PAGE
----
Defining and Diagnosing PMS and PMDD
Most women have at least one premenstrual symptom. It may be mild cramping telling that the menses is about to occur, or a small amount of abdominal bloating before the menses. But women who experience Premenstrual Syndrome (PMS) and Premenstrual Dysphoric Disorder (PMDD) have more than one or two slight symptoms. The symptoms are severe enough to effect the quality of their lives, sometimes to the point that they have to miss at school or a day at work.
The Menstrual Cycle
There are a number of different hormone imbalances that can cause premenstrual syndrome (PMS) or the more severe form of PMS, which is called “Premenstrual Dysphoric Disorder” (PMDD). To better understand the different causes of premenstrual symptoms, we need to first be aware of what the hormones are doing during the three different parts of the monthly cycle.
The follicular phase is first part of the menstrual. The first day of menstrual bleeding is the start of the follicular cycle. During this phase the major hormones - estradiol, progesterone and testosterone – are all at their baseline. It is important to note that all three of the major sex hormones (estradiol, progesterone and testosterone) are involved in the normal menstrual cycle.
The ovulatory phase is also called the midcyle phase. At this time estradiol levels increase significantly for a few days. The estradiol levels will then drop from the spike, but will stay a little higher than the follicular phase levels for the rest of the cycle. Progesterone levels will start to rise, but will not be as high as they will be during the luteal phase. There is also a spike of testosterone during the midcyle phase, and testosterone levels will also stay a little higher than the follicular phase levels for the rest of the cycle.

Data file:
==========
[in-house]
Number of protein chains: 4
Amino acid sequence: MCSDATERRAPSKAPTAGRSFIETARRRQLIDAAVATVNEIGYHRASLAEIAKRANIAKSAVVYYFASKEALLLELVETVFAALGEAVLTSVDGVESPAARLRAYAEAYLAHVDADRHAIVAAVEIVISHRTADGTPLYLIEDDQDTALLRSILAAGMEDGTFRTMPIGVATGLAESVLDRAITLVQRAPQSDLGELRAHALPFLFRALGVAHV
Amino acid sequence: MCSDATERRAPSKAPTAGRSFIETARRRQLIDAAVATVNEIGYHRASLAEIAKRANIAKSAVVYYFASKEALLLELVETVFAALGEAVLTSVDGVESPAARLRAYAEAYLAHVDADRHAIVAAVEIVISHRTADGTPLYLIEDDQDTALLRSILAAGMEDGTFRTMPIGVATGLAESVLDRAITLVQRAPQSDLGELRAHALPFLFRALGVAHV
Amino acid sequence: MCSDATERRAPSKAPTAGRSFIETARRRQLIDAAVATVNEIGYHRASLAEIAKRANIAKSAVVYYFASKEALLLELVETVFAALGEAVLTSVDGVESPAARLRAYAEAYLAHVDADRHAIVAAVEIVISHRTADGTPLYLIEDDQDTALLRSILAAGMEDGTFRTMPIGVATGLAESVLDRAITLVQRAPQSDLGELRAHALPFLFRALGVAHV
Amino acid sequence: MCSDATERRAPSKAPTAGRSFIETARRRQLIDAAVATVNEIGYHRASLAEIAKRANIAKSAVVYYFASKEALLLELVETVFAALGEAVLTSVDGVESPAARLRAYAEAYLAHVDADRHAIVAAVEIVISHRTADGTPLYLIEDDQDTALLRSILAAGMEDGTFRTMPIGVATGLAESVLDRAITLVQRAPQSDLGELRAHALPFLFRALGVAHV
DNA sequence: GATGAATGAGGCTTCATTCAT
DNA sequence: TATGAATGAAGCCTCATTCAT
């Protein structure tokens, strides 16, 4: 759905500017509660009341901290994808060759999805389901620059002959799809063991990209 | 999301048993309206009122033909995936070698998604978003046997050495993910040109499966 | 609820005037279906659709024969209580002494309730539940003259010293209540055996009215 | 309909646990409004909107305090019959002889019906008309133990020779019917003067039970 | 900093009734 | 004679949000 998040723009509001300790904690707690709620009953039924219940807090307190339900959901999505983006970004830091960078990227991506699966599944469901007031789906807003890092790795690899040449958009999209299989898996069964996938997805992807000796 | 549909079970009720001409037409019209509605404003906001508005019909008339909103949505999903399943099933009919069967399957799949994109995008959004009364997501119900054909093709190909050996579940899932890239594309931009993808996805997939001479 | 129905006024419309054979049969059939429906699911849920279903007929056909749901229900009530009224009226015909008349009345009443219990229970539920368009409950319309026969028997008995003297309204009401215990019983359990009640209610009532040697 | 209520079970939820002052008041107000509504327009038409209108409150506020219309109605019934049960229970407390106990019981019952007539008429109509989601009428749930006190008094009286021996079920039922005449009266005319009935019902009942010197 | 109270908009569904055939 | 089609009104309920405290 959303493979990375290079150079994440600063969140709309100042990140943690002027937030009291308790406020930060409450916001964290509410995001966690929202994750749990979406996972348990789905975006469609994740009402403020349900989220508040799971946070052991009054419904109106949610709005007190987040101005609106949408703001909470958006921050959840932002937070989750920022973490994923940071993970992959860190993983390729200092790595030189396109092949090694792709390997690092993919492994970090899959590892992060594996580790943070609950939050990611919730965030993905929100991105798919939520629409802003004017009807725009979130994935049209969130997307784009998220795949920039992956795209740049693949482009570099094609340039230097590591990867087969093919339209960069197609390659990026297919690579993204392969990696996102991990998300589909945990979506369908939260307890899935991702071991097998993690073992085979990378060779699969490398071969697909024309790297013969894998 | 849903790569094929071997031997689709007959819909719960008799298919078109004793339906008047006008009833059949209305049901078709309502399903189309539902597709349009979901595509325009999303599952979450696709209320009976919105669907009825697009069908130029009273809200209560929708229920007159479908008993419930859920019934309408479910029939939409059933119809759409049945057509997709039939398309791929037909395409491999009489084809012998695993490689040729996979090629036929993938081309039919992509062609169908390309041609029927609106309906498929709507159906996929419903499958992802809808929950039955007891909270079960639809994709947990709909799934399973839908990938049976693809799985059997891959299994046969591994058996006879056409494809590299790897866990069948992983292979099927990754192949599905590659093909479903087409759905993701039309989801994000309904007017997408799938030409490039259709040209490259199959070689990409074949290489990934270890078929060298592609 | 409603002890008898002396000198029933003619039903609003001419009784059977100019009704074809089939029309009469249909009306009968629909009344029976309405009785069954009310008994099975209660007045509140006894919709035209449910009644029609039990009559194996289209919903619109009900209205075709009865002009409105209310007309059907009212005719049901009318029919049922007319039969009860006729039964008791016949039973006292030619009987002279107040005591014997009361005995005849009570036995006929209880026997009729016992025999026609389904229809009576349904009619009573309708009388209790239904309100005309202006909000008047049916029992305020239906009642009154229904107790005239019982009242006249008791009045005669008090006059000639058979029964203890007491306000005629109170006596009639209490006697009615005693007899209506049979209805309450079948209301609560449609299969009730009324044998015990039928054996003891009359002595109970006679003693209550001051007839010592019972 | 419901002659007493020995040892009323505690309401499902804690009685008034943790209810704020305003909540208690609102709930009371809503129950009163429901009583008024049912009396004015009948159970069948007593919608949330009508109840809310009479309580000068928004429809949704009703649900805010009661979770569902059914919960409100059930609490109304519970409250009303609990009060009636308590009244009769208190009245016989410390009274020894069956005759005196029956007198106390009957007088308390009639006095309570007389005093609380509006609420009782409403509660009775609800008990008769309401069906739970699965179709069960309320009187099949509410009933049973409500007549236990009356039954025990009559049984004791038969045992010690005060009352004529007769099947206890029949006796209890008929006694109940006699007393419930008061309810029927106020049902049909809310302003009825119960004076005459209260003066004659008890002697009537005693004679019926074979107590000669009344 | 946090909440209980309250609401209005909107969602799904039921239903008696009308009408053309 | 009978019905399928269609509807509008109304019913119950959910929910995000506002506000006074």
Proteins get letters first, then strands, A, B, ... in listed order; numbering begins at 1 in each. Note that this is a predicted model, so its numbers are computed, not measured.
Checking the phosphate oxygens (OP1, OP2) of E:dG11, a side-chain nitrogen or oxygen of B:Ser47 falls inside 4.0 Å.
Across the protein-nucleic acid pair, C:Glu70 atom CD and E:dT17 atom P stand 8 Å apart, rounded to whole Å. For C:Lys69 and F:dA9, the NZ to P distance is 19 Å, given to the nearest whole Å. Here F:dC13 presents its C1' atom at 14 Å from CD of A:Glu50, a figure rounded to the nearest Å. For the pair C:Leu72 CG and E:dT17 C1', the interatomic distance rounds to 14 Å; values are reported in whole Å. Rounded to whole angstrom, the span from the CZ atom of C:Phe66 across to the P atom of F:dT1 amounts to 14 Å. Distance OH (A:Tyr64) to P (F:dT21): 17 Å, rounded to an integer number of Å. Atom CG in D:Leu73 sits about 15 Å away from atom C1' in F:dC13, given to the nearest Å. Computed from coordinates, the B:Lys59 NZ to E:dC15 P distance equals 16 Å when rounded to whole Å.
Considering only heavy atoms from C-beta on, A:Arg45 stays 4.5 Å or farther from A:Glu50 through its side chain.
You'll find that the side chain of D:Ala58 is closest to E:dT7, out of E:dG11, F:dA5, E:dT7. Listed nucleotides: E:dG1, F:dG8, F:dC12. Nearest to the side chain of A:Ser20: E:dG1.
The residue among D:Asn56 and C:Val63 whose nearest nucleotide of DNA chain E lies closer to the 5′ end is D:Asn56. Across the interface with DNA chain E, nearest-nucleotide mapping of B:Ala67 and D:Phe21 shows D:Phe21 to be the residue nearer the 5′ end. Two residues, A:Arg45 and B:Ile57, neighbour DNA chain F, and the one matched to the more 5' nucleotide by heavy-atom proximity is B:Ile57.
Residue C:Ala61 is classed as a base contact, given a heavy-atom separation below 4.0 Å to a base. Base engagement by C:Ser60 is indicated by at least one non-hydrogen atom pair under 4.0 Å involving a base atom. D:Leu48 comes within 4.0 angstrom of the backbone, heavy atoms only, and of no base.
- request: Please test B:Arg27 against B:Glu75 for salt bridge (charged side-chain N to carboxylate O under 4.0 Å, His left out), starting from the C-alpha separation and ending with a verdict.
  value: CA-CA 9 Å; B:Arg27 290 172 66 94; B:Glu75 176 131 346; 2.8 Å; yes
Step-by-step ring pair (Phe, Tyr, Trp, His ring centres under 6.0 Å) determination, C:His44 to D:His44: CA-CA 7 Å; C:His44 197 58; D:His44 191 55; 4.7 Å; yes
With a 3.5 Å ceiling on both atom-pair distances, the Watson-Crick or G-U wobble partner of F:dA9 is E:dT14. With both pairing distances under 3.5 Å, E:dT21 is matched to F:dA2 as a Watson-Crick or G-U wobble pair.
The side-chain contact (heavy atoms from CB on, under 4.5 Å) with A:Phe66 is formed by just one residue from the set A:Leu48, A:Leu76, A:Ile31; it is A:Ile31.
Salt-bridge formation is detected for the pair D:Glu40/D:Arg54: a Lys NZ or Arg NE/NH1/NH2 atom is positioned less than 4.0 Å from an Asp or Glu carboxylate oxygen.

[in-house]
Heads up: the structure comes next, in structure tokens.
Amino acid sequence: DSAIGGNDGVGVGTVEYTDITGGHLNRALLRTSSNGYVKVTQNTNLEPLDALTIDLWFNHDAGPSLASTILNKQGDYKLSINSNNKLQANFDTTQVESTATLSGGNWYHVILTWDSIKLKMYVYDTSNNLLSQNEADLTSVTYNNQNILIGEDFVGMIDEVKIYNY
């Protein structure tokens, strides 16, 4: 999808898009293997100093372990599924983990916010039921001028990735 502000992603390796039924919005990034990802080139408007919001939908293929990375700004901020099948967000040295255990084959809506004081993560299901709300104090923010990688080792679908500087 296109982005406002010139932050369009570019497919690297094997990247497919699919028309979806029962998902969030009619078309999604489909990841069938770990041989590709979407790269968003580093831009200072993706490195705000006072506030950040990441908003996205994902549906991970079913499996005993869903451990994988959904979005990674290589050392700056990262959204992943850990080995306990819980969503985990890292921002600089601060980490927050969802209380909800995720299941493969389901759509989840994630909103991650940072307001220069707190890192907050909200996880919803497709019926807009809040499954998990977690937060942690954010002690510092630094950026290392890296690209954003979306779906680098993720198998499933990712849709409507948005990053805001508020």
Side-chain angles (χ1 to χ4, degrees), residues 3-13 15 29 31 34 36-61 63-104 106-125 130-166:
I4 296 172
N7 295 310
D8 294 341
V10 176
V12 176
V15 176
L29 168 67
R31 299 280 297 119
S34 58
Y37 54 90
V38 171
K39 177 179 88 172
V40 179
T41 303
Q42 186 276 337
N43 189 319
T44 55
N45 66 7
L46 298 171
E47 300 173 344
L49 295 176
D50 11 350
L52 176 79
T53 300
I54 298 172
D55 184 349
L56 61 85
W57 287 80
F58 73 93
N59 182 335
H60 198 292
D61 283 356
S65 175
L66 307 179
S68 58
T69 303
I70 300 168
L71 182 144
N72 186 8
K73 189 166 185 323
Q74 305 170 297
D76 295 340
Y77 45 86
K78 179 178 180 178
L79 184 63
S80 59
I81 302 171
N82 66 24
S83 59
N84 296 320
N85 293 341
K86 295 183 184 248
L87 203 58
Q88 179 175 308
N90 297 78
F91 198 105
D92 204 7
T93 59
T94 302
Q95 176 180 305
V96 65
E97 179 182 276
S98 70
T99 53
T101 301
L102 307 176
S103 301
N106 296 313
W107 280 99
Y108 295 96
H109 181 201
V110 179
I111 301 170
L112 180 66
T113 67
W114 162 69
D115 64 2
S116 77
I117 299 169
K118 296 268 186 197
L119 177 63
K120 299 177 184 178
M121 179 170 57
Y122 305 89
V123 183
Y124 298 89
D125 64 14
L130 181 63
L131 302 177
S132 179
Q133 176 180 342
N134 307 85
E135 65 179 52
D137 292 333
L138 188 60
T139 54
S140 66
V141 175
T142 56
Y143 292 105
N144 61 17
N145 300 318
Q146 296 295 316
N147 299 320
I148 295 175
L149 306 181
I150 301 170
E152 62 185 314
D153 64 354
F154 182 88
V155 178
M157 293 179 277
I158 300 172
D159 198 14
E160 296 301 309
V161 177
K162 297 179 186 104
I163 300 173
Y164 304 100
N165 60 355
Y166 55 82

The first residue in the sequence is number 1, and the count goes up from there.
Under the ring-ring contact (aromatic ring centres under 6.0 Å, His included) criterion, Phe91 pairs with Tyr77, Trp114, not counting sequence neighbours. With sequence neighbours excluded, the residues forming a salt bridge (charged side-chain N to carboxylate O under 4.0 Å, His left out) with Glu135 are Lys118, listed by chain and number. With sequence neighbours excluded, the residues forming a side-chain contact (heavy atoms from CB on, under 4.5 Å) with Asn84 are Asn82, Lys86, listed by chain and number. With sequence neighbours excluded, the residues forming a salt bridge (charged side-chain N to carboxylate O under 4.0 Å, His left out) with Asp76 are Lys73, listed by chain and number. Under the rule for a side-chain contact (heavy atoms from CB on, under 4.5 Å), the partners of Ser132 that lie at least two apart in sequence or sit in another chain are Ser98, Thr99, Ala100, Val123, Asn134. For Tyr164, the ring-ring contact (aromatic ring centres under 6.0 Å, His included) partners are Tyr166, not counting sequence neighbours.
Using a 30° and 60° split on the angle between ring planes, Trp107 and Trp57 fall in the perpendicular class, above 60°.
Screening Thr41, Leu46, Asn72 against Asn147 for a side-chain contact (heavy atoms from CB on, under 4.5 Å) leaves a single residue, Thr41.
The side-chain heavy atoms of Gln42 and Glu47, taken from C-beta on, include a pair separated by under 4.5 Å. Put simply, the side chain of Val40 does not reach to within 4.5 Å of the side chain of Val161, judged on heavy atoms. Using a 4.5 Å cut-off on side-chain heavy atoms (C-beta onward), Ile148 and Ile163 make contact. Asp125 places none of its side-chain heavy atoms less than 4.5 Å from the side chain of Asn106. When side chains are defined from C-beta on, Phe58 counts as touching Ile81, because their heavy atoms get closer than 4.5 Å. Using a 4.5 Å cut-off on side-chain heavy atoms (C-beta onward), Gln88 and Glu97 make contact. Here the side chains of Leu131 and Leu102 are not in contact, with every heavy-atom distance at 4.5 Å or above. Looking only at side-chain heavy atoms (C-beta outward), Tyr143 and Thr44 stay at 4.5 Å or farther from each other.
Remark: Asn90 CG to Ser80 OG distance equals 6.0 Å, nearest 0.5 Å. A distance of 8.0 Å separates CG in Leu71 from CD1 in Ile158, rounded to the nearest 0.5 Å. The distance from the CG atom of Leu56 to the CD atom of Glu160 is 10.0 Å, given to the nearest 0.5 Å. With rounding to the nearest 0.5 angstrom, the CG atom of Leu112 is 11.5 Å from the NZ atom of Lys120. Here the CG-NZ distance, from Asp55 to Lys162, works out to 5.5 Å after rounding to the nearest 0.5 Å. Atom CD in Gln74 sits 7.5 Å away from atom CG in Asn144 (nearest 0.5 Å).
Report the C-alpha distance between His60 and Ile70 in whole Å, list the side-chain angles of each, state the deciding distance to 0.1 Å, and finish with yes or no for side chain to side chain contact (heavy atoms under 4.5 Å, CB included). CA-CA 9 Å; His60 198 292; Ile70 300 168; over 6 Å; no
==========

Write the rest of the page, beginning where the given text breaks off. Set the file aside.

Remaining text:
The luteal phase is the last part of the monthly cycle. In the luteal phase, progesterone levels become much higher and stay higher until the next menses. During the luteal phase estradiol and testosterone levels are higher than they were in the follicular phase, but not as high as they had been in the midcyle (ovulatory) phase.
Notice that even though the levels of hormones change during different parts of the cycle, estradiol, progesterone and testosterone are all involved throughout the entire cycle. If the levels of these hormones are imbalanced in any part of the cycle, then there can be different symptoms of Premenstrual Syndrome (PMS) or Premenstrual Dysphoric Disorder (PMDD). The average menstrual cycle length is 28 days. The luteal phase is typically about 14 days, while the follicular phase tends to show much more variability, and may become shorter with age, such as about 14 days in women aged 18 to 24 and about 10 days in women aged 40 to 44.
Defining PMS and PMDD
Before we get into the hormones, let’s do quick review of PMS and PMDD.
PMS is a multifaceted combination of physical and emotional changes, including depression, irritability, appetite changes, bloating, water retention, breast soreness, and changes in muscular coordination. These signs and symptoms may be experienced in the several days before the onset of menstrual flow. The word syndrome means a combination signs and symptoms that occur together and are characteristic of a certain condition. Since the signs and symptoms occur together before the menses they are called the premenstrual syndrome.